To decide whether or not the colonies were ready for independence at that stage of American history is very strange. The colonies of that time were very different in a lot of ways. Many of those ways were so big that if they would have waited a few more years, the problems would have never arose and a lot of the differences would have been solved rather easy. But instead the colonies wanted to become united in such a way that the differences were set-aside until the Declaration of Independence was signed. After the declaration was signed the problems arose and the colonies began to have many problems with itself as a whole.
The problem that I found by signing this so early was that I don’t think that the colonies were sure of what was really to be enforced of the declaration. One of the mainstream problems that I found by doing this was that they were not sure of who was to be independent. Were the slaves that the colonies received from England to be independent? Or was it only the people that had some sort of high power with the colonies, someone that really meant something to all this. This is some of the things that seem to have been very questionable when the colonies were said to be set free. To clarify the word free, it does mean being able to do anything and have no limitations, but why were the slaves still being called slaves?
An additional problem that I found with signing this is that the people that signed the declaration were not the ones that went out and later fought for the independence. The people that signed it were very high class, powerful men. By having some of the middle class people sign it would have put more significance in the declaration because these men may have put more into the declaration and more into not letting the war with the British ever occur. But instead, the men of elevated class, and dominant role signed the declaration, and then soon after the Colonies fought the British for its freedom. But when they fought, the men who signed that powerful document were not the individuals that later went out and fought the British on the front line; it was the lower classes, the classes that did not sign the declaration nor had anything to do with it.
The ancient city of Pompeii is best known for being covered by an erupting volcano and being almost forgotten. From the time the city was rediscovered in the 1700 s scientists and archeologists have managed to piece together evidence to show not just how people died but how they lived. We now know that before the eruption of Mt Vesuvius on August 24 79 AD Pompeii was a resort town. From the ...
When the continental congress came together to decide that they were ready to sign the declaration, it took a couple of days to finally come to a decision that the Declaration was how it was needed to be. I think that because it took them a few days to sign the Declaration, they took that as a sign that it was perfect. They should have taken that as a sign that it wasn’t. What should have been done is to request for some of the lower classes come and read the Declaration so that they could have had some of the information from the lower classes about what they thought. But instead on July 4th the Declaration was signed and the colonies were changed forever. Not all the people that signed this fully thought it through, if they had they would have known that soon after they would be at war.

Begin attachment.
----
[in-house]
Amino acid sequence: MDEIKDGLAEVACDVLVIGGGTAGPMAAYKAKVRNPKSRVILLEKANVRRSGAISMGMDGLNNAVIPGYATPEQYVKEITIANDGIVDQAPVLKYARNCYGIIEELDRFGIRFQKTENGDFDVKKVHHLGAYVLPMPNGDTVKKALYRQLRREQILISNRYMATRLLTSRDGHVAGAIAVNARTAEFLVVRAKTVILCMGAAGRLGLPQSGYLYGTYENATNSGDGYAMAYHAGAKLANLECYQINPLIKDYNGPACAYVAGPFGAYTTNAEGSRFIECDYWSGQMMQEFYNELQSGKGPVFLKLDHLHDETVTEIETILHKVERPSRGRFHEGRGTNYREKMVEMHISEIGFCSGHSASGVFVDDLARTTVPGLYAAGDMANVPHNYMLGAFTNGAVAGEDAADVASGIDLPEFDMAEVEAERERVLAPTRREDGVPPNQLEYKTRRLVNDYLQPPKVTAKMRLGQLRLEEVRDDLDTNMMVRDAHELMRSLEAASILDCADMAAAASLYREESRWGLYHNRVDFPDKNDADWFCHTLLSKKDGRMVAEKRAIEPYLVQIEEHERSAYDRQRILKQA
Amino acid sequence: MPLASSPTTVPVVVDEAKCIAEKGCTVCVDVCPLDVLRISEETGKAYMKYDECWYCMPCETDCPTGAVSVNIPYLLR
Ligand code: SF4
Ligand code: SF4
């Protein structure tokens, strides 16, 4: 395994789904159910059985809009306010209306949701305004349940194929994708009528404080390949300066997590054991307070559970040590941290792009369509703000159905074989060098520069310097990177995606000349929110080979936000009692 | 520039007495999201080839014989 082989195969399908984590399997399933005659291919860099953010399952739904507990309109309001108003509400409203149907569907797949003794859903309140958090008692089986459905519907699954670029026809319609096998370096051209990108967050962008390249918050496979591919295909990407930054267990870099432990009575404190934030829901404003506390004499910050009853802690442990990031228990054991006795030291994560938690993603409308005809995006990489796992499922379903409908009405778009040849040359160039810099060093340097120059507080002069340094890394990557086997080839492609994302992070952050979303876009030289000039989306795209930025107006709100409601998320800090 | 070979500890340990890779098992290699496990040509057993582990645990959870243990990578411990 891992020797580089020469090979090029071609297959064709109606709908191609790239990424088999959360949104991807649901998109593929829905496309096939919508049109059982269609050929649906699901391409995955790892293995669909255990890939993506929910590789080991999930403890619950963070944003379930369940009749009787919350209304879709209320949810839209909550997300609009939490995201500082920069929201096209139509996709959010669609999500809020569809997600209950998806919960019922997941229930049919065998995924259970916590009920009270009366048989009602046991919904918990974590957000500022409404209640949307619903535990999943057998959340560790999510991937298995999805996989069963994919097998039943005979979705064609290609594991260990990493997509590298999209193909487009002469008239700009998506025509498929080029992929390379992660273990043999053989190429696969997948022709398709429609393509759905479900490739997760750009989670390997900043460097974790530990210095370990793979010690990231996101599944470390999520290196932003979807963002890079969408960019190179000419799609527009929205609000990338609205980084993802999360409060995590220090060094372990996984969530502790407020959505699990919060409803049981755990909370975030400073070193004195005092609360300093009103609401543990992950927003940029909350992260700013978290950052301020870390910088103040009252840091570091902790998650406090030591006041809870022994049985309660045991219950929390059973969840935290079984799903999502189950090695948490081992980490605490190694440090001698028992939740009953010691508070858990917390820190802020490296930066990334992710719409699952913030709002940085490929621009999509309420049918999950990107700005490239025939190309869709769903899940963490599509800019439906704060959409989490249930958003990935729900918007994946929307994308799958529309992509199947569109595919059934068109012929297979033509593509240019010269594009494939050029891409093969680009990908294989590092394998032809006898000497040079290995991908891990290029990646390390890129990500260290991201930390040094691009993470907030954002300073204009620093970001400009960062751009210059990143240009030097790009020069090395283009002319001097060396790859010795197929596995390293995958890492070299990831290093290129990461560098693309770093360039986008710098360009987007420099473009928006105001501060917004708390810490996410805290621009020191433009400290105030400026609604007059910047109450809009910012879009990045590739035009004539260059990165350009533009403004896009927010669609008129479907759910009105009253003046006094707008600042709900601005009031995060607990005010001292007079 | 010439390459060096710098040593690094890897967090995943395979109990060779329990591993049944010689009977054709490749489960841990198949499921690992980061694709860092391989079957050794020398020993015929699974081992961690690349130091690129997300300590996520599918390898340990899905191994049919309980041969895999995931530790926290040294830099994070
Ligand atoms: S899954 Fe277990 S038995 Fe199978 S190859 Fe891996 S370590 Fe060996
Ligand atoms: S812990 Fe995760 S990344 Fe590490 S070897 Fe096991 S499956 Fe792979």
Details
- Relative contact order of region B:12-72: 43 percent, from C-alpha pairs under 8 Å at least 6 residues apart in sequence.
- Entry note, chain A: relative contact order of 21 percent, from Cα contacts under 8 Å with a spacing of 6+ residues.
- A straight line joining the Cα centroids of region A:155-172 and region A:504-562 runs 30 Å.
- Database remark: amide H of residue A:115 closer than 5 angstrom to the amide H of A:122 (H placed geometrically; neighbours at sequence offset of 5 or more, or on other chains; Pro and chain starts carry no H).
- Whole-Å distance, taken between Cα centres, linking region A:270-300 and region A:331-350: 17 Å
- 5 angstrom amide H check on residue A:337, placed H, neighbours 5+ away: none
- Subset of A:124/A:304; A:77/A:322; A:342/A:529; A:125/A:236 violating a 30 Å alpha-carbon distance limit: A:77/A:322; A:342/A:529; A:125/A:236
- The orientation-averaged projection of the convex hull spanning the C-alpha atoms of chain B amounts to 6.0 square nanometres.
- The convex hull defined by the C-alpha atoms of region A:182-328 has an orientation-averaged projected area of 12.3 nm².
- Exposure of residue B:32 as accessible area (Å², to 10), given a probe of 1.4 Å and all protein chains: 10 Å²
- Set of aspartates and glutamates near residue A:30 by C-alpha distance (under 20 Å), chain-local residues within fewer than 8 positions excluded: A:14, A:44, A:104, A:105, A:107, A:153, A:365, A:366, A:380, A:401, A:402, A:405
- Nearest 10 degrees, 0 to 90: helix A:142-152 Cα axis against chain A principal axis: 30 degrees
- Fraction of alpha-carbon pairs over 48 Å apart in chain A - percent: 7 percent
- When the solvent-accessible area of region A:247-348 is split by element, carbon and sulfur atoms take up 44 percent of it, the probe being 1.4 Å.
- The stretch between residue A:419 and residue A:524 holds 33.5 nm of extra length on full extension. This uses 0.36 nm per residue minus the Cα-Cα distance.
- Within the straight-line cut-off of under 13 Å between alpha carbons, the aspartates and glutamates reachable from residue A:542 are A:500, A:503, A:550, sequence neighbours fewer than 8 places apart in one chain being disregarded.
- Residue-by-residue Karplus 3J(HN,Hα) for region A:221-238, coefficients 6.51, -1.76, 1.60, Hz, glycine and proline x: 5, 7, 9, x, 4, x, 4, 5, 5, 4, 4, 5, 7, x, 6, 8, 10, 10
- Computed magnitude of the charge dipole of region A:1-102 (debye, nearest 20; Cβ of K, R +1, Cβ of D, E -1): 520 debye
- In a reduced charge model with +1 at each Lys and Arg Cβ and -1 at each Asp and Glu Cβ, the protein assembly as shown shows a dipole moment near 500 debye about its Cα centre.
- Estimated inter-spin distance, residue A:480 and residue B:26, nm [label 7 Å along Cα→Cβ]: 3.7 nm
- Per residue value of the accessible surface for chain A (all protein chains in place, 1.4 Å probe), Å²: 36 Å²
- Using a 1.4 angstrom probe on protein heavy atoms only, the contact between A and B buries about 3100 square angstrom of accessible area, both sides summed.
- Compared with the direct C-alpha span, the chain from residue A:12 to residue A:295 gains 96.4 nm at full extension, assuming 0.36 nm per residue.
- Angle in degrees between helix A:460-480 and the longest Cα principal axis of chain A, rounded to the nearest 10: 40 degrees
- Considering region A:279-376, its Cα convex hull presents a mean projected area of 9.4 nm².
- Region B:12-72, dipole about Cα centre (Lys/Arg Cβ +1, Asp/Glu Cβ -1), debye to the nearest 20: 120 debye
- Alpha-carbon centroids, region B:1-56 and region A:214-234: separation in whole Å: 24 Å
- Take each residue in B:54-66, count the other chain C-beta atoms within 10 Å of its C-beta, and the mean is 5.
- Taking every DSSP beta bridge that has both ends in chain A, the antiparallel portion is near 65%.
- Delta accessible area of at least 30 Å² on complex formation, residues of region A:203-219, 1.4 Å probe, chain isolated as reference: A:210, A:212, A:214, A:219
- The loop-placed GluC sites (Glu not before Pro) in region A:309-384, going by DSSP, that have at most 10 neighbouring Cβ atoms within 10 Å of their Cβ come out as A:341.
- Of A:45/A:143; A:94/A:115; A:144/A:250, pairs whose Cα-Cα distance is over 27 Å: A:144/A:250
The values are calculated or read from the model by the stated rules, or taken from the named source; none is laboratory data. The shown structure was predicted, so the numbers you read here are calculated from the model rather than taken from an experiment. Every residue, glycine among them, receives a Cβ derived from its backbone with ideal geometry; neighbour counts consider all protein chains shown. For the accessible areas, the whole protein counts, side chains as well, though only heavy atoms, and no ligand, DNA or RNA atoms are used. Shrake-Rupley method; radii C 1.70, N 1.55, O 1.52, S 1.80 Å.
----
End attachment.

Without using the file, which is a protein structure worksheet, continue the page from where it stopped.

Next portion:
The conclusion of this is that the colonies were not ready for independence. They could have stayed with England for a few more years and would have possibly dodged being in a war with the British. Don’t get me wrong, it needed to be signed eventually, without that being signed the United States may not be as powerful as it is today. Even though, it could be even stronger and more powerful had it been held off! I think that dominant figures thought that they needed to be independent and thought that they could handle the independence. They showed that they could during the war, especially when they won. Eventually the colonies showed that they could prevail through anything that was thrown at them. The colonies were strong, as was England; the Colonies were just a little bit more I guess.
The First World War began in August 1914. It was directly triggered by the assassination of the Austrian archduke, Franz Ferdinand and his wife, on June 28, 1914 by Serbian revolutionary, Gavrilo Princip. This event was, however, simply the trigger that set off many declarations of war. The actual causes of the war are more complicated and are still debated by historians today. But there were two ...